The PrismFX Centerfield Split Diopter Filter is unlike anything we’ve tried before.
Let’s be honest here; traditional photography is starting to get boring. These days, we define traditional photography as shooting then editing. It’s monotonous. Instead, finding a way to get it right in-camera is more entertaining. And that’s why we’re fascinated by the PrismFX Centerfield Split Diopter Filter. It’s designed to inspire you to think differently. Remember when Instagram used to do the tilt-shift effect in a certain area only? Well, that’s what this is like. Except, in this case, you only have it in the center. And you can rotate it however you’d like.
Too Long, Didn’t Read
The PrismFX Centerfield Split Diopter is a one-trick pony that’s really tough to use with an interchangeable lens camera.
Pros and Cons
- Fairly good build quality
- It’s something much different
- Connecting it to an adapter ring and then trying to undo it can be annoying.
We tested the PrismFX Centerfield Split Diopter filter with the Canon EOS R5 and the Canon RF 50mm f1.2 L USM.
Nothing out there has this effect. The closest thing are a few tilt-shift effects that apps can give you. But in terms of hardware, nothing is designed to give this sort of look.
Specs taken from their listing page
- 77mm Rotating Filter
- Creates Blurry Refraction FX while leaving middle open for focus on subject
- Different effects at different focal lengths
- +4 Diopter Strength
- Recommended Aperture (35mm – 85mm) / More Telephoto
- Recommended Aperture (2.8 / 2 / 1.4)
- Has 77mm Filter Pouch (when in stock)
- 20cm x 20cm Microfiber Cleaning Cloth /w logo (Gift with purchase when in stock / 1 per order)
The PrismFX Centerfield Split Diopter is designed like a circular filter. So you can look at it rotate the split-field around. This will give you different effects.
For what it’s worth, the ring on the outside is built a little plasticky. So just be careful when you attach it to a lens.
Of all the PrismFX lens filters I use, this one is probably lacking the most in build quality. The ring itself isn’t the brass I’m used to from other brands. That results in some frustrations. When it’s connected to a lens, removing it can be annoying. That’s amplified when I’m using a step-down adapter.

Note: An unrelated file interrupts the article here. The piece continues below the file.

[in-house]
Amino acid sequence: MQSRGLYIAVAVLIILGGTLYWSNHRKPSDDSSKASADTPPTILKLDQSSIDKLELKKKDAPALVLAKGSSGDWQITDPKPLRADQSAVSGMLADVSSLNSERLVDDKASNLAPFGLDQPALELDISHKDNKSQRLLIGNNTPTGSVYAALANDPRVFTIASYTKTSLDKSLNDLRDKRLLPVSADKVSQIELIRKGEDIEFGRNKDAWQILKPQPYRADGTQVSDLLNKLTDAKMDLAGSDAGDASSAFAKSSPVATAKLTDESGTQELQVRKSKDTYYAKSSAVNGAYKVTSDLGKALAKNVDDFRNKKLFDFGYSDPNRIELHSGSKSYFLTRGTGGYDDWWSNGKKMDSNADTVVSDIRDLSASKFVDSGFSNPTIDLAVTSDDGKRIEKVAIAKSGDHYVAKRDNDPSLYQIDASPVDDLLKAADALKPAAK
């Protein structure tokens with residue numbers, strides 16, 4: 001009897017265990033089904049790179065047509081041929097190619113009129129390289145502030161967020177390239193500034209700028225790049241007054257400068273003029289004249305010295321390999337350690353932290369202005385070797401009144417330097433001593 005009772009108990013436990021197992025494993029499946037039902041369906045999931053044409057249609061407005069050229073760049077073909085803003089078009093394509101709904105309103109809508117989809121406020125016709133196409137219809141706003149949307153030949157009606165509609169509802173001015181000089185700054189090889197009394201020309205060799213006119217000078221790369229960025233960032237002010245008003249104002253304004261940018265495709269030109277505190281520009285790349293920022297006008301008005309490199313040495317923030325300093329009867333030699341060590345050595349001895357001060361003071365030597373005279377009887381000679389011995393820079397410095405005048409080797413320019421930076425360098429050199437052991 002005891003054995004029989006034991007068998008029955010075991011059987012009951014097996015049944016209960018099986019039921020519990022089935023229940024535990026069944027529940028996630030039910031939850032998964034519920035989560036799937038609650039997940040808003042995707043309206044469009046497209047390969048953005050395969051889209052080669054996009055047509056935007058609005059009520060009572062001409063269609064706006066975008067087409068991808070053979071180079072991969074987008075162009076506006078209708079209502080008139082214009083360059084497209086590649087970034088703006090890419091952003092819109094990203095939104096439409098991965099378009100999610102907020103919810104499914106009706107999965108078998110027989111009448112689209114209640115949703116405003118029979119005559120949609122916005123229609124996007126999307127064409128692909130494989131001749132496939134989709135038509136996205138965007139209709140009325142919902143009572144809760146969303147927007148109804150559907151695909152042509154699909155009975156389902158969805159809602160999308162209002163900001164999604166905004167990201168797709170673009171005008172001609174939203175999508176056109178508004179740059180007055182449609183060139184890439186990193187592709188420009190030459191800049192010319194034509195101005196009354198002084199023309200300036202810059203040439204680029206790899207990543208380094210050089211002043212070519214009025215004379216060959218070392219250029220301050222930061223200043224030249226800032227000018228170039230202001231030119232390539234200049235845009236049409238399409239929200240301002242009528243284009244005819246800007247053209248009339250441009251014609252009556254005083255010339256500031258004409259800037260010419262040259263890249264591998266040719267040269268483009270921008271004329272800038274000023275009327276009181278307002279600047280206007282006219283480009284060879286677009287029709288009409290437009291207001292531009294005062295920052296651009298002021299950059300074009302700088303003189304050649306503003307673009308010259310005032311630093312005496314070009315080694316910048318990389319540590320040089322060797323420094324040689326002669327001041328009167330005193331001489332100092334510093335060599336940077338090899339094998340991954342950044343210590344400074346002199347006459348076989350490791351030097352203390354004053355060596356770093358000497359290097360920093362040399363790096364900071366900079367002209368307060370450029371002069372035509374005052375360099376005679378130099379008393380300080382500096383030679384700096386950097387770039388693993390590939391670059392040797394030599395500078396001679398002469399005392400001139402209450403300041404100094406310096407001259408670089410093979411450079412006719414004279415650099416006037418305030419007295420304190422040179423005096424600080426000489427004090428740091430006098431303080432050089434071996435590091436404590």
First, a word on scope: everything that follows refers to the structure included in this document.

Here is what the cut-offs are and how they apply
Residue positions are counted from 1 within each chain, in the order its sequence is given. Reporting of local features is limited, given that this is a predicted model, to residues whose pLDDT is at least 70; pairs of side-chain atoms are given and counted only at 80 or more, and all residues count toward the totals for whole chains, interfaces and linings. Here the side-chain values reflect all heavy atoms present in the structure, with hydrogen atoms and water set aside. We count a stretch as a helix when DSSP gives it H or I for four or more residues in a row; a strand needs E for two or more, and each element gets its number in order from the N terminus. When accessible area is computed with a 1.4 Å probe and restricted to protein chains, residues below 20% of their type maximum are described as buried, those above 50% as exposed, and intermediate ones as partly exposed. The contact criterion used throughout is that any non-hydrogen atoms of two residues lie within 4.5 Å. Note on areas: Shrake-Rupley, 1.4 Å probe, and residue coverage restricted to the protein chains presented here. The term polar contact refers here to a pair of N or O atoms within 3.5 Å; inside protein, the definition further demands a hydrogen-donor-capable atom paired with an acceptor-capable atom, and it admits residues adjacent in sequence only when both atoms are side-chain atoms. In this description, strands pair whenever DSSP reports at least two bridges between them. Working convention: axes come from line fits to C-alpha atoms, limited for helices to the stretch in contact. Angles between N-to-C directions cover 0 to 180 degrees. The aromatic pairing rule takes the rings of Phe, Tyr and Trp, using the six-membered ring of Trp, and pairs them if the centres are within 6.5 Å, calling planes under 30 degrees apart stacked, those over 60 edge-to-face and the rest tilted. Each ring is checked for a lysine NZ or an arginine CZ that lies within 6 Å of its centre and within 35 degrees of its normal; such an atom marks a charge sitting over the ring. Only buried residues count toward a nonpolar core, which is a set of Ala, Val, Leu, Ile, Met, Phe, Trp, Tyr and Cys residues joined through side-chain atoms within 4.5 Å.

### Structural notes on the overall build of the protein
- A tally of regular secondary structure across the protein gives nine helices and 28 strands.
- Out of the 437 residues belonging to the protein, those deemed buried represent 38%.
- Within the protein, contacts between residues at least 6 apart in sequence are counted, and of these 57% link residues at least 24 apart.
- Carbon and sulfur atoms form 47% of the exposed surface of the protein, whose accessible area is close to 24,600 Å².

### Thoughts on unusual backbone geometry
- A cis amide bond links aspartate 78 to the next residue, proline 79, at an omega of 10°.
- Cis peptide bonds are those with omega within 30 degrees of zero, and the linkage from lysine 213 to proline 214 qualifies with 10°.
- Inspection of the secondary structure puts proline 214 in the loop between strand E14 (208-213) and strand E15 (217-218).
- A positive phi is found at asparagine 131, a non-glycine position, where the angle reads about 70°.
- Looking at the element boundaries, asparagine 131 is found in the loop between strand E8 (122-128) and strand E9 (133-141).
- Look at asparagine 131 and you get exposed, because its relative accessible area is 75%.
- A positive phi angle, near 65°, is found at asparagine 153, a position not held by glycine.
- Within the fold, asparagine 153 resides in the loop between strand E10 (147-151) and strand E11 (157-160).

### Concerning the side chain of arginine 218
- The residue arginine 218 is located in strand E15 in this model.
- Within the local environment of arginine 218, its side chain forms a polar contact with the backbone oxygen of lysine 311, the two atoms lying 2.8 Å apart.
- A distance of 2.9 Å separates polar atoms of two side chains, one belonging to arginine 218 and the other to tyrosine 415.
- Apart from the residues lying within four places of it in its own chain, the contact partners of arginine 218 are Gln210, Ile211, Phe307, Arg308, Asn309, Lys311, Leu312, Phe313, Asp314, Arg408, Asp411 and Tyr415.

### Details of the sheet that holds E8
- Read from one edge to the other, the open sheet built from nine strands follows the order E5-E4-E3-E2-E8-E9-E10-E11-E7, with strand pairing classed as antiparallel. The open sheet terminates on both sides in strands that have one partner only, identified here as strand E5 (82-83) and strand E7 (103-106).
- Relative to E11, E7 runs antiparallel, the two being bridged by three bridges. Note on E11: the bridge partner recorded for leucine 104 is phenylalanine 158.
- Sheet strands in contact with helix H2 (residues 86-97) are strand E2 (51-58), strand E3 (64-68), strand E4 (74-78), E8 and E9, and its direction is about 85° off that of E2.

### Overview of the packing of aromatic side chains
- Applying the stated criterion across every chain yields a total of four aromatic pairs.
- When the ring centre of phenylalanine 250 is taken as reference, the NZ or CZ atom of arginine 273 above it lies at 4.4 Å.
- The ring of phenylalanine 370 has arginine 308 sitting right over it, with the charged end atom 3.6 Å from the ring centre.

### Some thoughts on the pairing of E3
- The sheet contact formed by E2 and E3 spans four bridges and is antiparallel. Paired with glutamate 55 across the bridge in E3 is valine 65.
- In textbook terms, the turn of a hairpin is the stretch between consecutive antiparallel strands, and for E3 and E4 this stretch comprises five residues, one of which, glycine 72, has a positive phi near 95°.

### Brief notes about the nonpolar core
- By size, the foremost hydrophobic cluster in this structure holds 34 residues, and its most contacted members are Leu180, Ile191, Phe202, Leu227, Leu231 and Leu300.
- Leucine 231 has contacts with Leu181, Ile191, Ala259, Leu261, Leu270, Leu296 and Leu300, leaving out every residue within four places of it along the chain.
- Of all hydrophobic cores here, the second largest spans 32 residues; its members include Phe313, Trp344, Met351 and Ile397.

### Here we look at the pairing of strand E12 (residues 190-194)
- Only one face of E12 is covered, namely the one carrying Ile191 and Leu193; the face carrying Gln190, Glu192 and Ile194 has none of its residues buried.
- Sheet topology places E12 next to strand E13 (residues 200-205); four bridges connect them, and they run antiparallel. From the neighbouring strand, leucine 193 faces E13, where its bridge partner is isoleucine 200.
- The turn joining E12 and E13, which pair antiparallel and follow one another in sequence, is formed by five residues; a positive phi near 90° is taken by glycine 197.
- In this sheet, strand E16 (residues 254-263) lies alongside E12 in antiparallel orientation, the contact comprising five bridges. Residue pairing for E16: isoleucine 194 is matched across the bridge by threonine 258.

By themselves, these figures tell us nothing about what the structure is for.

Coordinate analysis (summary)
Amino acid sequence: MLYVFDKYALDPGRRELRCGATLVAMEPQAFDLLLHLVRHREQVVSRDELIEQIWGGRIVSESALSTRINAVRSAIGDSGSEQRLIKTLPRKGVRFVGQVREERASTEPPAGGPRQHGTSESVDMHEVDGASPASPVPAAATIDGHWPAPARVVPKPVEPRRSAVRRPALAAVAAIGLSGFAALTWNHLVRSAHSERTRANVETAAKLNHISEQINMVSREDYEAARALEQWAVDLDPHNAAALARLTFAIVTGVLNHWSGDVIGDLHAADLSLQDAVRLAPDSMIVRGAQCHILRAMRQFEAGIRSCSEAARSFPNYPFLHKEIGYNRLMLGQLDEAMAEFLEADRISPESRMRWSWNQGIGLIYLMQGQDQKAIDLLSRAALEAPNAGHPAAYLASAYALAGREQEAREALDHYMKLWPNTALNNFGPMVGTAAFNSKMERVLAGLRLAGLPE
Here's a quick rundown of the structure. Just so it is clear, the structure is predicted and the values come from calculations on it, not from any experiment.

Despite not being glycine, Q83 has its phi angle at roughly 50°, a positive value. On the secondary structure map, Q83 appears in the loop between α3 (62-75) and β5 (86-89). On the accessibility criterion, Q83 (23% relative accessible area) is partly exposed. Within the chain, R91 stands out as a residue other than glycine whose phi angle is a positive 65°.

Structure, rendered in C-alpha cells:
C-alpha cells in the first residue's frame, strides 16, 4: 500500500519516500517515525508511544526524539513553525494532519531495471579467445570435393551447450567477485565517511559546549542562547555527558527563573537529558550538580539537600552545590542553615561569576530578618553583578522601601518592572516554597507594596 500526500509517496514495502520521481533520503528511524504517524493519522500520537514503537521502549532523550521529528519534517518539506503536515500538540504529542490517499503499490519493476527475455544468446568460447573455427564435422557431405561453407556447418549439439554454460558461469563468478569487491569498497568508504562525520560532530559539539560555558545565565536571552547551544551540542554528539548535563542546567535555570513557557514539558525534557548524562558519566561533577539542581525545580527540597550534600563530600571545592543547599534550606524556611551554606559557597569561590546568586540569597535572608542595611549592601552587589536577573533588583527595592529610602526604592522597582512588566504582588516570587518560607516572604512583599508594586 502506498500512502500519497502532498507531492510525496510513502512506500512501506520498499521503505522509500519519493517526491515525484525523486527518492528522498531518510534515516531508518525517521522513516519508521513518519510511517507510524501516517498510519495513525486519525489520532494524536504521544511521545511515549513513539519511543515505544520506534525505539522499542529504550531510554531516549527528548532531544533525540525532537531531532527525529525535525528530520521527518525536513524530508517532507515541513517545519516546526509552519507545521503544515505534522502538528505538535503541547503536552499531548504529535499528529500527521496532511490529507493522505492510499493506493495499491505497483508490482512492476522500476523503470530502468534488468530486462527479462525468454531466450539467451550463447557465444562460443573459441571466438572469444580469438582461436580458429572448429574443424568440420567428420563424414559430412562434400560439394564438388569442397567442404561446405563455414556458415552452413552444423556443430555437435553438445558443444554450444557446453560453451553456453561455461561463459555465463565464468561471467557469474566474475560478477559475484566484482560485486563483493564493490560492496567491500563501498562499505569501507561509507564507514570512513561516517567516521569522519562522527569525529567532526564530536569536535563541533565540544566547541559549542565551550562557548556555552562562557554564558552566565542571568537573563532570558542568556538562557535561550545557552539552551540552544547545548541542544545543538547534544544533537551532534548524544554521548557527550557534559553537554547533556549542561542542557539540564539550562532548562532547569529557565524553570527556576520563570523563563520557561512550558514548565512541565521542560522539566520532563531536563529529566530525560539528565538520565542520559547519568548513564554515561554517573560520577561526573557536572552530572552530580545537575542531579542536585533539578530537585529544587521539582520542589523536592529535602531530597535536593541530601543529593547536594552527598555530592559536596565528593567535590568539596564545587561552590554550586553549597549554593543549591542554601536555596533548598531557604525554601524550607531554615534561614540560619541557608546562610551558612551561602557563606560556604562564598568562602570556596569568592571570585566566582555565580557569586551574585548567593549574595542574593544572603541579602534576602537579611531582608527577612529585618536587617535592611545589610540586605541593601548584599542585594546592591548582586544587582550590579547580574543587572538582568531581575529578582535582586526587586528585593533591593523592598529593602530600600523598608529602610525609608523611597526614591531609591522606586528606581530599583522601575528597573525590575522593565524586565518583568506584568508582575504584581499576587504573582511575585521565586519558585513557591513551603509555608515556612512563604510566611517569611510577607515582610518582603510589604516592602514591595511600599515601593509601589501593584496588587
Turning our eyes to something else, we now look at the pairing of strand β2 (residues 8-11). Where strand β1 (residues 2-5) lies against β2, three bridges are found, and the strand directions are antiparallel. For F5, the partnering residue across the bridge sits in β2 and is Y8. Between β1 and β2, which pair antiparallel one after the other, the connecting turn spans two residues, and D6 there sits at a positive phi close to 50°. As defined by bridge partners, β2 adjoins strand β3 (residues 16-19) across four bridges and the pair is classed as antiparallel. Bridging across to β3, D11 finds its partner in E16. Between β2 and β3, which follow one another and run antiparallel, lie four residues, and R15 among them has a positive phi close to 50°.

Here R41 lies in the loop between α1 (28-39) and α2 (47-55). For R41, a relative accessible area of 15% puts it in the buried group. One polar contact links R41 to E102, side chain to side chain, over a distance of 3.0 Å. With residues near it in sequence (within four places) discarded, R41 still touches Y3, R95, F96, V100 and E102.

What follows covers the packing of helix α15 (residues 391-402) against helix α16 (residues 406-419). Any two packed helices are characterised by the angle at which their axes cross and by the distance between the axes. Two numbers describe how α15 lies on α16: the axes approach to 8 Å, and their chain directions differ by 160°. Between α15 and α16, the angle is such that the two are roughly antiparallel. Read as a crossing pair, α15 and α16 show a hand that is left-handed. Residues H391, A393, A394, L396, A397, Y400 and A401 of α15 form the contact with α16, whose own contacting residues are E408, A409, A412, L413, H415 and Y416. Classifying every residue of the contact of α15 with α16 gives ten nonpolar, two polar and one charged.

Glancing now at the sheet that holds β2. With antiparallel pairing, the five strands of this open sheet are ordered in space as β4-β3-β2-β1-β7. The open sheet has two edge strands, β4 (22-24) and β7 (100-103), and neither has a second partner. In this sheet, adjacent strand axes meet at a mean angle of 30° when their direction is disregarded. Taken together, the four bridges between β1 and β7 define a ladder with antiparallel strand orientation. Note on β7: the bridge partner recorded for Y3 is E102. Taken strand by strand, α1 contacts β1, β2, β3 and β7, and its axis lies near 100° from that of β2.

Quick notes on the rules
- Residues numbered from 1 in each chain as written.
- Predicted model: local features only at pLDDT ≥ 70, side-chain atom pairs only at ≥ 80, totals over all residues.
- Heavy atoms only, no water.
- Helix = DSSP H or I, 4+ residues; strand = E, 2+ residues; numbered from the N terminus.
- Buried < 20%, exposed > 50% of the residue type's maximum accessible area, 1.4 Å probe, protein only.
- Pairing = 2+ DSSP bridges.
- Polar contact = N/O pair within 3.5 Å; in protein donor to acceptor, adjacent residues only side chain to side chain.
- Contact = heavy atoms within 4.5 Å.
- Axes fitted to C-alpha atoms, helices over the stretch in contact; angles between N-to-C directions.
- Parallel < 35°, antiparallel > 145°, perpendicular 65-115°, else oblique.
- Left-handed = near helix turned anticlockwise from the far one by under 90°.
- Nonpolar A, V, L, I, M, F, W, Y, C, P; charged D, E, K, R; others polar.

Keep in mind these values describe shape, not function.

Plus, for what it’s worth, mine has already been cracked after little use.
Ease of Use
The PrismFX Centerfield Split Diopter is pretty simple to use in theory. You essentially just need to turn it to intentionally blur areas. But it’s bound to throw off your camera’s autofocus. It did this a bunch of times with the Canon EOS R5 and the 50mm f1.2 RF lens. With that said, it’s not the easiest to use. It can sometimes even be a bit annoying.
Of course, the cool thing about this is the image quality. This lens filter is going to intentionally keep just a sliver of the photo in focus and the rest blurred. Combine this with a super shallow depth of field, and the effect is amplified.
In the photo above, more of Will should’ve been in focus. But instead, it’s intensifying the blur.
- It’s a fun effect.
- Hard to use
- Build quality
Of all the filters that PrismFX offers, this is honestly my least favorite. The PrismFX Centerfield Split Diopter is tough to use. However, very cool things can be done with it. And you may be better off stopping the lens down a lot and then using this effect. But if that’s the case, then you’re probably just better off using your phone and applying a filter instead.
The PrismFX Centerfield Split Diopter receives three out of five stars.